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INDIANAPOLIS--WellPoint Inc. and its former chief financial officer, David Colby, are being sued by a former employee who was terminated after she allegedly had an affair with Mr. Colby.
The complaint, filed Thursday in the Superior Court of the State of California, accuses the Indianapolis-based insurer of negligence and negligent infliction of distress related to the actions of its former executive, Mr. Colby, who allegedly had an affair with plaintiff Sarah Waugh while also having relationships with more than 15 other women, including Ms. Waugh's younger sister, Jessica.
In 2001, Mr. Colby began pursuing Ms. Waugh, then a 22-year-old employee in WellPoint's corporate offices, which were located in southern California prior to the company's 2004 merger with Anthem Inc. Although Mr. Colby was initially rebuffed by Ms. Waugh, she eventually began a relationship with him, the lawsuit said. After complaining about her situation to WellPoint superiors, Ms. Waugh was terminated, according to the lawsuit.
WellPoint facilitated Mr. Colby's lifestyle through the use of company employees and resources and "benefited from the outward appearance of respectability and propriety of their CFO," according to the complaint. WellPoint employees arranged personal and business travel with various women on Mr. Colby's behalf, according to the lawsuit.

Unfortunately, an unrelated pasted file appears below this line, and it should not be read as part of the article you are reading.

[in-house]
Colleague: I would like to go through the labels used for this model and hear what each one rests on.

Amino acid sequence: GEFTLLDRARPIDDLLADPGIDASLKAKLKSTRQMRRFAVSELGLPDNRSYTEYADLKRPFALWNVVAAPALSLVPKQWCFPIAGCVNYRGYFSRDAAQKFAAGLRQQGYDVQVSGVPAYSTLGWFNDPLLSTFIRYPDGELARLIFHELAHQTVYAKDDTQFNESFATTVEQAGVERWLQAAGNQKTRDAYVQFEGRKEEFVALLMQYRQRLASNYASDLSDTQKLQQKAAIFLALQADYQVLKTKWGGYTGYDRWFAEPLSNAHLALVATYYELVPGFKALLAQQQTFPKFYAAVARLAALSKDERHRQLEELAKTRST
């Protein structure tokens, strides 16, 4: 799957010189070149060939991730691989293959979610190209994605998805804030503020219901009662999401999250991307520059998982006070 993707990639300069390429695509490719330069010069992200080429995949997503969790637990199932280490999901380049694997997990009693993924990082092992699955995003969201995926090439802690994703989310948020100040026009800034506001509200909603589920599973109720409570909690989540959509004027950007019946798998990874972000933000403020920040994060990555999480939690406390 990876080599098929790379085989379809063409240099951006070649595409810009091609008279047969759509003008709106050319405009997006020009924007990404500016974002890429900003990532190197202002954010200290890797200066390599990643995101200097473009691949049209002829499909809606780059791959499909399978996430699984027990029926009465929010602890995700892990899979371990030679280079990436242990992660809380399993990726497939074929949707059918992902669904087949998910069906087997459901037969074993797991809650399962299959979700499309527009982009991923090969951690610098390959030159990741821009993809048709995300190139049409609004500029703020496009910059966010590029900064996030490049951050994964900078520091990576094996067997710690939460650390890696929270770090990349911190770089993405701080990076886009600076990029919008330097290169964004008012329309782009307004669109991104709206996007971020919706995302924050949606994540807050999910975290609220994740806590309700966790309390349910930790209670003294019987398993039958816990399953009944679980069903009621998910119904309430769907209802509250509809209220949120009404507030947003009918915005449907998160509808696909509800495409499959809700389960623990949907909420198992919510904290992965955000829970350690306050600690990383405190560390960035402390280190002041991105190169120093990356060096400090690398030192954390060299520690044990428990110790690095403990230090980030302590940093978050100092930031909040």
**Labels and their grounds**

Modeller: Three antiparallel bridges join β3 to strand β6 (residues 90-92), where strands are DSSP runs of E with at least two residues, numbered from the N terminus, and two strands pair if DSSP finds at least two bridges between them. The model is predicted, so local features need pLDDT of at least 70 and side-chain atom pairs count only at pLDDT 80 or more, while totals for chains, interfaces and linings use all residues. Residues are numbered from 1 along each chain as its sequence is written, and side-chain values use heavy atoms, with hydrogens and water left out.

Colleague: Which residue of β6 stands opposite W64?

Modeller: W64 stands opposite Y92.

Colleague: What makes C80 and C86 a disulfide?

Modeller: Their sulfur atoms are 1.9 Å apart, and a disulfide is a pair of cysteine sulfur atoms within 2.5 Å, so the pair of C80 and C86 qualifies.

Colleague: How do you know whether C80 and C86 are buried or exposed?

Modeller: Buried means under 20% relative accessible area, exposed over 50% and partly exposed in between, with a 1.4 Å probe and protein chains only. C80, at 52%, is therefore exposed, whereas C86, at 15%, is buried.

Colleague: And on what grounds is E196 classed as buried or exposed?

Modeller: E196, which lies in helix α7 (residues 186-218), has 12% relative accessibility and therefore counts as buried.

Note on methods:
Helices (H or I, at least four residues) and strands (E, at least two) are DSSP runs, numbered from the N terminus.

Mr. Colby was allegedly confronted with his relationships and discussed the situation with the company's board of directors in August 2006. In December 2006, the insurer changed certain expense reimbursement policies to preclude Mr. Colby's use of limousines on an hourly basis, the complaint said.
After outside inquiries, the company announced in May that it had conducted an external investigation and demanded Mr. Colby's resignation immediately upon learning of unspecified, nonbusiness activities, the lawsuit said.
In addition to the negligence claims, Mr. Colby is being sued by Ms. Waugh for sexual battery, intentional infliction of emotional distress and breach of contract for failing to keep promises of financial support.
The complaint seeks general damages, medical and related expenses, lost earnings, exemplary and punitive damages, and legal costs.
A WellPoint spokesman declined to comment on the lawsuit, citing the nonbusiness nature of the violation of the company's code of conduct that led to Mr. Colby's resignation.
Peter Steinman, whose Los Angeles-based law firm Gaims, Weil, West & Epstein represents Mr. Colby, declined to comment on the allegations.